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MySQL and PHP optimization

MySQL and PHP optimization

bboranbboran Member
edited November 2011 in Help

hello i am running a 512mb vps. i am only using it for 1 site which is a wordpress driven content sharing site which is also running on nginx web server. can you help me to optimize mysql and php? for example a typical my.cnf settings for a 512mb vps should be good. by the way right now with a clean install of nginx, php5-fpm , mysql and wordpress my memory usage is this

Mem:           497 (total)        343(used)        153(free)

is this normal? thanks.



  • Is OpenVZ? FIRST tip, try disabling Inno-DB


  • it is xen (linode) also forgot to paste the buffers/cache output from free -m here it is;

    -/+ buffers/cache: 119(used) 377(free)

  • cleonardcleonard Member
    edited November 2011

    I think that yomero must be on the right track. Using Debian packages I got the nginx, two php-fpm children, and innodb off mysql stack going in a bit over 100 mb of OpenVZ space. Compiling from nginx/php from sources and only including what I needed I got the same with three php children in under 80mb.

    With a 512 I might even run with innodb turned on.

  • 119 MB used, I don't see any problem with your setup

  • ok but can i optimize the mysql and php ? cause i didnt touch any cnf file yet.

  • divyadivya Member
    edited November 2011

    The default config for mysql won't have any issues with even 256mb vps on a xen box. You should start worrying if your -/+ buffers/cache starts showing more than 80% used and if you are expecting considerable traffic increase(which is sometimes predictable).

    Standard install of php-fpm will have lot many child processes running, but you should leave them untouched for your config.

    Instead of trying to free up more memory, you should rather use more of the available memory for better performance. And since it is a wordpress driven site, you can actually look at increasing mysql buffer sizes.
    suggestion(not an expert but this is what I would use if they are less than that)
    key_buffer = 64M

    To improve the overall experience of your wordpress site, consider some form of caching(preferably caching plugins for wp)

    Do some stress testing.
    Easy one for starters is

    And finally, do some googling on the topic and understand your setup. It is much better then simply(read blindly) implementing what some unknown divya or familiar yomero or the friendly cleonard says :)

    While stress testing, it is a good idea to watch the server behavior.
    Just ssh into the box and run 'top'. Watch 'top' screen while the test runs.

    While 'top' is running, press > on your keyboard to see the results sorted by memory usage. It is more comfortable and useful that way while doing a memory related test.

  • Thank you very much for your usefull informations mates. I'll try them.

  • If it's wordpress, first thing i would do is install a caching plugin and make sure it's working.

    Someone else is going to have to make suggestions here. Lost 4+ days dealing with the OS change over and I'm very behind. Plus I don't know what's current any more.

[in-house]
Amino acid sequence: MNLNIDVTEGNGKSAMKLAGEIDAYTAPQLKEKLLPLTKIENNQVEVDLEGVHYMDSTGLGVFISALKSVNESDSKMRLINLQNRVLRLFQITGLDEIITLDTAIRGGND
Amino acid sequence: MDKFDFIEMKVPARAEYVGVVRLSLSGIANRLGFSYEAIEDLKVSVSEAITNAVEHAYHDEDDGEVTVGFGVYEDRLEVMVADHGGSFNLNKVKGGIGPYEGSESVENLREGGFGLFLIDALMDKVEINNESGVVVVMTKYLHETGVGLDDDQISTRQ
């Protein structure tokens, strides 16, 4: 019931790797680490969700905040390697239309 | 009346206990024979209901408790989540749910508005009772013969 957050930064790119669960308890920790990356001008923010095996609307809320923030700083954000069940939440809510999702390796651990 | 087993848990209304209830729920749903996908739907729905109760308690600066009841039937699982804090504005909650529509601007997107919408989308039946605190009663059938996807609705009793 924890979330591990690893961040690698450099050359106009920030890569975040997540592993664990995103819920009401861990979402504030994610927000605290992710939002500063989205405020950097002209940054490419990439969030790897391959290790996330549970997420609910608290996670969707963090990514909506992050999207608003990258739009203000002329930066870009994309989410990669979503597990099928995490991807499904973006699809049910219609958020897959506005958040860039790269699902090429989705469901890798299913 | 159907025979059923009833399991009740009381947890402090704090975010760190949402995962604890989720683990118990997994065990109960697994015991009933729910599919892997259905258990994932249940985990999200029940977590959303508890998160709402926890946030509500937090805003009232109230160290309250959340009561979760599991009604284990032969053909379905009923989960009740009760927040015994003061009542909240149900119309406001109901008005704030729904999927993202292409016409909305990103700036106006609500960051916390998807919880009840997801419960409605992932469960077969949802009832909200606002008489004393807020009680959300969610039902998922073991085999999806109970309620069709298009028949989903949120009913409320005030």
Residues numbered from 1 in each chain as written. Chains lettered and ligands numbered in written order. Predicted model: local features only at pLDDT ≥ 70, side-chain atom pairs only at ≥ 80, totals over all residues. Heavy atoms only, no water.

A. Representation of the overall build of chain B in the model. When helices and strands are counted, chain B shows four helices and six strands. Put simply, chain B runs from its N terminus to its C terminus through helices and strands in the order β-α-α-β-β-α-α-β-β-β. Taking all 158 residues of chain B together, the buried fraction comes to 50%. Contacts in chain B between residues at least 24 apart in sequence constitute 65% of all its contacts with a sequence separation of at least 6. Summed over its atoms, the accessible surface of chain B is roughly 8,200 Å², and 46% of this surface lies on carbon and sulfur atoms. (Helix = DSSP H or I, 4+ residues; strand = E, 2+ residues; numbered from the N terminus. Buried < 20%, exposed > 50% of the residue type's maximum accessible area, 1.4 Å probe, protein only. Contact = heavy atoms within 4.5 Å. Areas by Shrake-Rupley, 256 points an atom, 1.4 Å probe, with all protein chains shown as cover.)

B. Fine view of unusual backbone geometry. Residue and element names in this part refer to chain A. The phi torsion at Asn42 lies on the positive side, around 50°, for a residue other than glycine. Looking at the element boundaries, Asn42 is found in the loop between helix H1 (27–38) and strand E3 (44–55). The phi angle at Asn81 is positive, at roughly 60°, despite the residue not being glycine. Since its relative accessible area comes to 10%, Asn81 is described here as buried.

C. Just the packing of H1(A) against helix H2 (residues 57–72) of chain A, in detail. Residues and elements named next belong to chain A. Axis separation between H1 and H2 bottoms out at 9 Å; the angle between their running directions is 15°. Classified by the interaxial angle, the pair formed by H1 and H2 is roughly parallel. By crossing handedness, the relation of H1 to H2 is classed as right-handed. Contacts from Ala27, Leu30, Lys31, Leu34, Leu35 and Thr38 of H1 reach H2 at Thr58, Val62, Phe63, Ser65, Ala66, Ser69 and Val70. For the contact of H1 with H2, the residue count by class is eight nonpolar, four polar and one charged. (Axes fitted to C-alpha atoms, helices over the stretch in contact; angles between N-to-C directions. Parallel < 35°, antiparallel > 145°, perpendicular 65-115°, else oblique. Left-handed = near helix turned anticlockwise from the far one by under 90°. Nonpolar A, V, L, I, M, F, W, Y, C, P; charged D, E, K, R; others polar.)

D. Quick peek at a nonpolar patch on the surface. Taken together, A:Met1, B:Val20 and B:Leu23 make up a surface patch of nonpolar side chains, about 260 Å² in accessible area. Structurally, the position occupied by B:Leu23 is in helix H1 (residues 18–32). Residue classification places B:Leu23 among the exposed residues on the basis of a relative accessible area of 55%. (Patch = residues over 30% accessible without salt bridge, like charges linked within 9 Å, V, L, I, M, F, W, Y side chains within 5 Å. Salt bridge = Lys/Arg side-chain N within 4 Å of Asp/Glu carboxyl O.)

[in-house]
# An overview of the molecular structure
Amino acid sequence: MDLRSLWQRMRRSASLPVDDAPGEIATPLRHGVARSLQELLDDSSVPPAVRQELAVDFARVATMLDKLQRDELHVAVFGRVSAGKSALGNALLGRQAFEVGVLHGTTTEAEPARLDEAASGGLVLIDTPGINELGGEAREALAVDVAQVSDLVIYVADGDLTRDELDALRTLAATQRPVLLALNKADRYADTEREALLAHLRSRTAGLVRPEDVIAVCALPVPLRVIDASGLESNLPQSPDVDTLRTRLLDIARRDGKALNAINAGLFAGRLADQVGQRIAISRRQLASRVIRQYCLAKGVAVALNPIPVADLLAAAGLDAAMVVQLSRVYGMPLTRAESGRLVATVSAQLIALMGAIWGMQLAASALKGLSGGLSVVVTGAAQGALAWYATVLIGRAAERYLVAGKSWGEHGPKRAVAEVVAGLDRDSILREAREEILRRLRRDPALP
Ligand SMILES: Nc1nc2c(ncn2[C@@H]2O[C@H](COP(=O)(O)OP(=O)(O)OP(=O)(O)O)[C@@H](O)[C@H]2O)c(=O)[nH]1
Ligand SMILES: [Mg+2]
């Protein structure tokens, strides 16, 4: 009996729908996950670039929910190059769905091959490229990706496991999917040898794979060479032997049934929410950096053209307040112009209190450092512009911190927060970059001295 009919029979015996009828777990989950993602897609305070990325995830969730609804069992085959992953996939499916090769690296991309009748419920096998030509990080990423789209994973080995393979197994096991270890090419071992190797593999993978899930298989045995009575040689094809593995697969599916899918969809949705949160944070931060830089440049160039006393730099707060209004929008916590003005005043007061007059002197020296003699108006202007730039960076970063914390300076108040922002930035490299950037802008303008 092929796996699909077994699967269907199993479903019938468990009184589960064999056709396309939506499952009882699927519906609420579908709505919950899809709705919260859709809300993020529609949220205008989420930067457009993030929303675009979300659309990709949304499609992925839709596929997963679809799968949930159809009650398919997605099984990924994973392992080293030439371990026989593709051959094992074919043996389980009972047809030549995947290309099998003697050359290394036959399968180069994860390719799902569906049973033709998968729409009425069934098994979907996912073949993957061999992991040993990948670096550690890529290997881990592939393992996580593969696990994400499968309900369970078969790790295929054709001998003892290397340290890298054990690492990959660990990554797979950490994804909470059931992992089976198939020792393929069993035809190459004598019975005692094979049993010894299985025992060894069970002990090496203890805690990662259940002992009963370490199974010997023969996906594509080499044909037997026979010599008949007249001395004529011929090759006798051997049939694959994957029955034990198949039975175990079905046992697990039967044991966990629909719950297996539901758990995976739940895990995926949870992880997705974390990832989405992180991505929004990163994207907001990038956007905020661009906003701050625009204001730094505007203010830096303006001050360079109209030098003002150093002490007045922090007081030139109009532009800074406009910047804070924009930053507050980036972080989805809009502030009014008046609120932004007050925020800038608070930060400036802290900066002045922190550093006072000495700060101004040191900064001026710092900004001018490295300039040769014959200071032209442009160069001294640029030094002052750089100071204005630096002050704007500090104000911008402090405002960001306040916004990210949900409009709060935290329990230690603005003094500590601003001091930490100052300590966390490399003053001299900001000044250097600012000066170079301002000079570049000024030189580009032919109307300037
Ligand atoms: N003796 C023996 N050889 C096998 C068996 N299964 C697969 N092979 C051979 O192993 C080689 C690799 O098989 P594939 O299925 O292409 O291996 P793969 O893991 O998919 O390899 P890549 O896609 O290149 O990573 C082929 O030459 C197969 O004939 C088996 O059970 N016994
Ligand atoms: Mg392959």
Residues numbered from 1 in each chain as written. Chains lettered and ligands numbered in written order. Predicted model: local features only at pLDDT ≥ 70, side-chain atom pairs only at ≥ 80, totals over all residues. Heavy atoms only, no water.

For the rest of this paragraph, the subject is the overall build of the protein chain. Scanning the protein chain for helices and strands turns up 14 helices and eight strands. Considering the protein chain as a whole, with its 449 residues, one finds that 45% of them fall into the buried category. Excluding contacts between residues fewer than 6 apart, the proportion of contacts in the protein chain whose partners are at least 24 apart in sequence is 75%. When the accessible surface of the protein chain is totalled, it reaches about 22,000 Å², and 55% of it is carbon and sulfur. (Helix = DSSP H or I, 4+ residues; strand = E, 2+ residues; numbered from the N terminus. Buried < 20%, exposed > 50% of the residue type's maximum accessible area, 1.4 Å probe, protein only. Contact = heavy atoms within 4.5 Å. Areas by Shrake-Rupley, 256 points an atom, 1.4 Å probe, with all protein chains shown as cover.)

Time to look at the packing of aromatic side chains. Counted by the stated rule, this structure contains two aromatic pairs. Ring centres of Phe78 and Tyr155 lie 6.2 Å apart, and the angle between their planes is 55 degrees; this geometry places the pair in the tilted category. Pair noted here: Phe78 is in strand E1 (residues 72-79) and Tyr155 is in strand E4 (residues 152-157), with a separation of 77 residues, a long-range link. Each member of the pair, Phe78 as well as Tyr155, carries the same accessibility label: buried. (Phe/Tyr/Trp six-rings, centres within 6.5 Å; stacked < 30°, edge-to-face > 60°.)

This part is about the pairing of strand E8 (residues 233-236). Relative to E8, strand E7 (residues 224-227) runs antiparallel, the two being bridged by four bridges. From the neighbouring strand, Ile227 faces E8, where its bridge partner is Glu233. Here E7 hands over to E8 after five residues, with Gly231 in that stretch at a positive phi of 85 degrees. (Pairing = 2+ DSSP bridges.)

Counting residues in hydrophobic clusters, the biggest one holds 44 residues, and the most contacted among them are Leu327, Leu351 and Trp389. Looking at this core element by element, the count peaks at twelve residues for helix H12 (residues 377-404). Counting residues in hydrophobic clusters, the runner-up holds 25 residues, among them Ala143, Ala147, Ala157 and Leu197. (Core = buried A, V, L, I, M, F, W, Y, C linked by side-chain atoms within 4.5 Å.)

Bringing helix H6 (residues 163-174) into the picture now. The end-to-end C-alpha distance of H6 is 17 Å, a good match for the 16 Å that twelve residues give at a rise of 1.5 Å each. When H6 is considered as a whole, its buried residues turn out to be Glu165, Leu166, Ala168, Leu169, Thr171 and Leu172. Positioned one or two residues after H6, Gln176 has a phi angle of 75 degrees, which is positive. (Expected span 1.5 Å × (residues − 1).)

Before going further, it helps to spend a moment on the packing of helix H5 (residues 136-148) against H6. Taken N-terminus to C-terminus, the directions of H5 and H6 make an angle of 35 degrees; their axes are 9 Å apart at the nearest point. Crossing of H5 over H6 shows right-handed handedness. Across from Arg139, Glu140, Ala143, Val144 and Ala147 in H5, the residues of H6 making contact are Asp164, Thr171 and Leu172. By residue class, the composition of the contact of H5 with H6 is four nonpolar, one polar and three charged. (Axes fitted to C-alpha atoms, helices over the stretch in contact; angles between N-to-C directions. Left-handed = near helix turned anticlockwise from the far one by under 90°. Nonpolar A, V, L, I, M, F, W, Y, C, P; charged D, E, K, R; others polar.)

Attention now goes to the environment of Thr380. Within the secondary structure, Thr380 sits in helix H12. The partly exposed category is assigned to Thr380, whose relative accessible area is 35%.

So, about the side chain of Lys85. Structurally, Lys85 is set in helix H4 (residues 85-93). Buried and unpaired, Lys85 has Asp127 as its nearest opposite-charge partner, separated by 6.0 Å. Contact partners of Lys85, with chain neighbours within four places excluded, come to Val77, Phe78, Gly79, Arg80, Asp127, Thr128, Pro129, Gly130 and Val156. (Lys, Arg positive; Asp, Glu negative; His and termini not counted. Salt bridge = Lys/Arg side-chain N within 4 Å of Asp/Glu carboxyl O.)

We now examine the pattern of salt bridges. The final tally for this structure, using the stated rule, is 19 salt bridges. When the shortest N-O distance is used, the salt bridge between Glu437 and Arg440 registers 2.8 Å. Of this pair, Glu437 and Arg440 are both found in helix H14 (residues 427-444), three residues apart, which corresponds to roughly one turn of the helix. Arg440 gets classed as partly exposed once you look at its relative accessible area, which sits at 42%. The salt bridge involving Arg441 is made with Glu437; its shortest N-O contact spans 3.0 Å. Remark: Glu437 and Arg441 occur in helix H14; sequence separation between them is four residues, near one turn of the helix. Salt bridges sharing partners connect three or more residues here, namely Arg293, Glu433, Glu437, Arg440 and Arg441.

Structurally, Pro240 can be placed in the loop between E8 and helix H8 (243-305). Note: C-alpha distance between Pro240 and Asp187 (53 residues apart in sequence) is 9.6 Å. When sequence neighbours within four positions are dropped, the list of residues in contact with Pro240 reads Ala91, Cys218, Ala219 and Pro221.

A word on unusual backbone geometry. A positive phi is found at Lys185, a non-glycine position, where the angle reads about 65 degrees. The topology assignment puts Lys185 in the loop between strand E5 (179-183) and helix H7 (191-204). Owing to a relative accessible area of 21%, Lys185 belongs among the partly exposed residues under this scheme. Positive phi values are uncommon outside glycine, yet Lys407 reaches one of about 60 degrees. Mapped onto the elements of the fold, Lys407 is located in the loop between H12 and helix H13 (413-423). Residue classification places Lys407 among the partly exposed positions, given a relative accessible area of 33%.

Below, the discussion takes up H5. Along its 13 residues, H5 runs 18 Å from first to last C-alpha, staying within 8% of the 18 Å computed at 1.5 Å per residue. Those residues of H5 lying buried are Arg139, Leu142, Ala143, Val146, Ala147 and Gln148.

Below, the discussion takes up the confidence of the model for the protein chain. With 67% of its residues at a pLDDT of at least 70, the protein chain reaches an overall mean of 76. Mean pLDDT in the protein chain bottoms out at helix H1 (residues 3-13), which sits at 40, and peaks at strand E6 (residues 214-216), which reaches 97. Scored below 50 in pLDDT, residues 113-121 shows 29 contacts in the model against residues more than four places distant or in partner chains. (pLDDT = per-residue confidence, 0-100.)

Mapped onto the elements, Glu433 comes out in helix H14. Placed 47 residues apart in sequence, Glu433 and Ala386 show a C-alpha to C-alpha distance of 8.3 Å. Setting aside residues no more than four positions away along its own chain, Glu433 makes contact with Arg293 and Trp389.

• Do you have a PHP opcode cache installed (APC, xcache, eaccelerator, etc)? If not, install one. - The oldest post to host VPS provider
  • Yes i have installed APC and thinking of using it with w3 total cache for page caching but a friend told me "My experience in setting Page Caching to use APC from W3TC on 512MB was not good. Memory use shot through the roof as the APC cache filled up instantly. You’ll need 2GB of RAM min. I think before thinking about switching Page Caching to use APC. For smaller VPS’s and shared hosts you’ll get much better results using enhanced Page Caching."

    so what do you think mates? thanks.

  • You specify the amount of RAM used by APC, and for default is 128MB. I am almost sure that your friend was using Apache, and it creates and destroy lots of php instances. You just run the amount that you want.

  • bboranbboran Member
    edited November 2011

    No he is using nginx too =) 128 is enough for start?

  • SimplyfastSimplyfast Member
    edited November 2011

    @bboran said: Memory use shot through the roof as the APC cache filled up instantly. You’ll need 2GB of RAM min

    Yomero is right,
    First of all, APC and W3TC are different, APC only caches PHP scripts, while W3TC caches everything, APC is some kind of backend for W3TC, as I see it.
    I'm using Apache with APC on 512MB XEN, no W3TC (no static pages), I use NGiNX in front of Apache to deliver static files. I allowed APC to use 60MB. It's a small community with heavy site, but with 200 uniques per day. RAM usage never grows more than 230MB with full set of LAMP + NGINX + ISPmanager (the time saver) + APC.
    I assume you need to install APC, set maximum allowed ram to, let's say 90. Check if it fills up, if not, reduce the ammount and so on.
    Then install W3TC and check RAM usage. You can always disable it.

    To reduce the RAM usage just play with Apache and MySQL configs. There is enough tutorials about this.

  • are there some good tutorials about nginx + apc? thanks.

  • What tutorial you need? You just need to compile/install and enable the plugin, nothing to do with Nginx.

  • I installed and enabled APC. Is that all =)

  • Restart php-fpm and check phpinfo to see if it's loaded. - The oldest post to host VPS provider
  • bboranbboran Member
    edited November 2011

    Yeah its loaded. By the way the default apc.shm_size is not 128 it is 96.

  • @bboran said: By the way the default apc.shm_size is not 128 it is 96.

    It was 64mb by default every time I installed it. - The oldest post to host VPS provider
  • @bboran said: Yeah its loaded. By the way the default apc.shm_size is not 128 it is 96.

    Better :P

  • Thank you mates.

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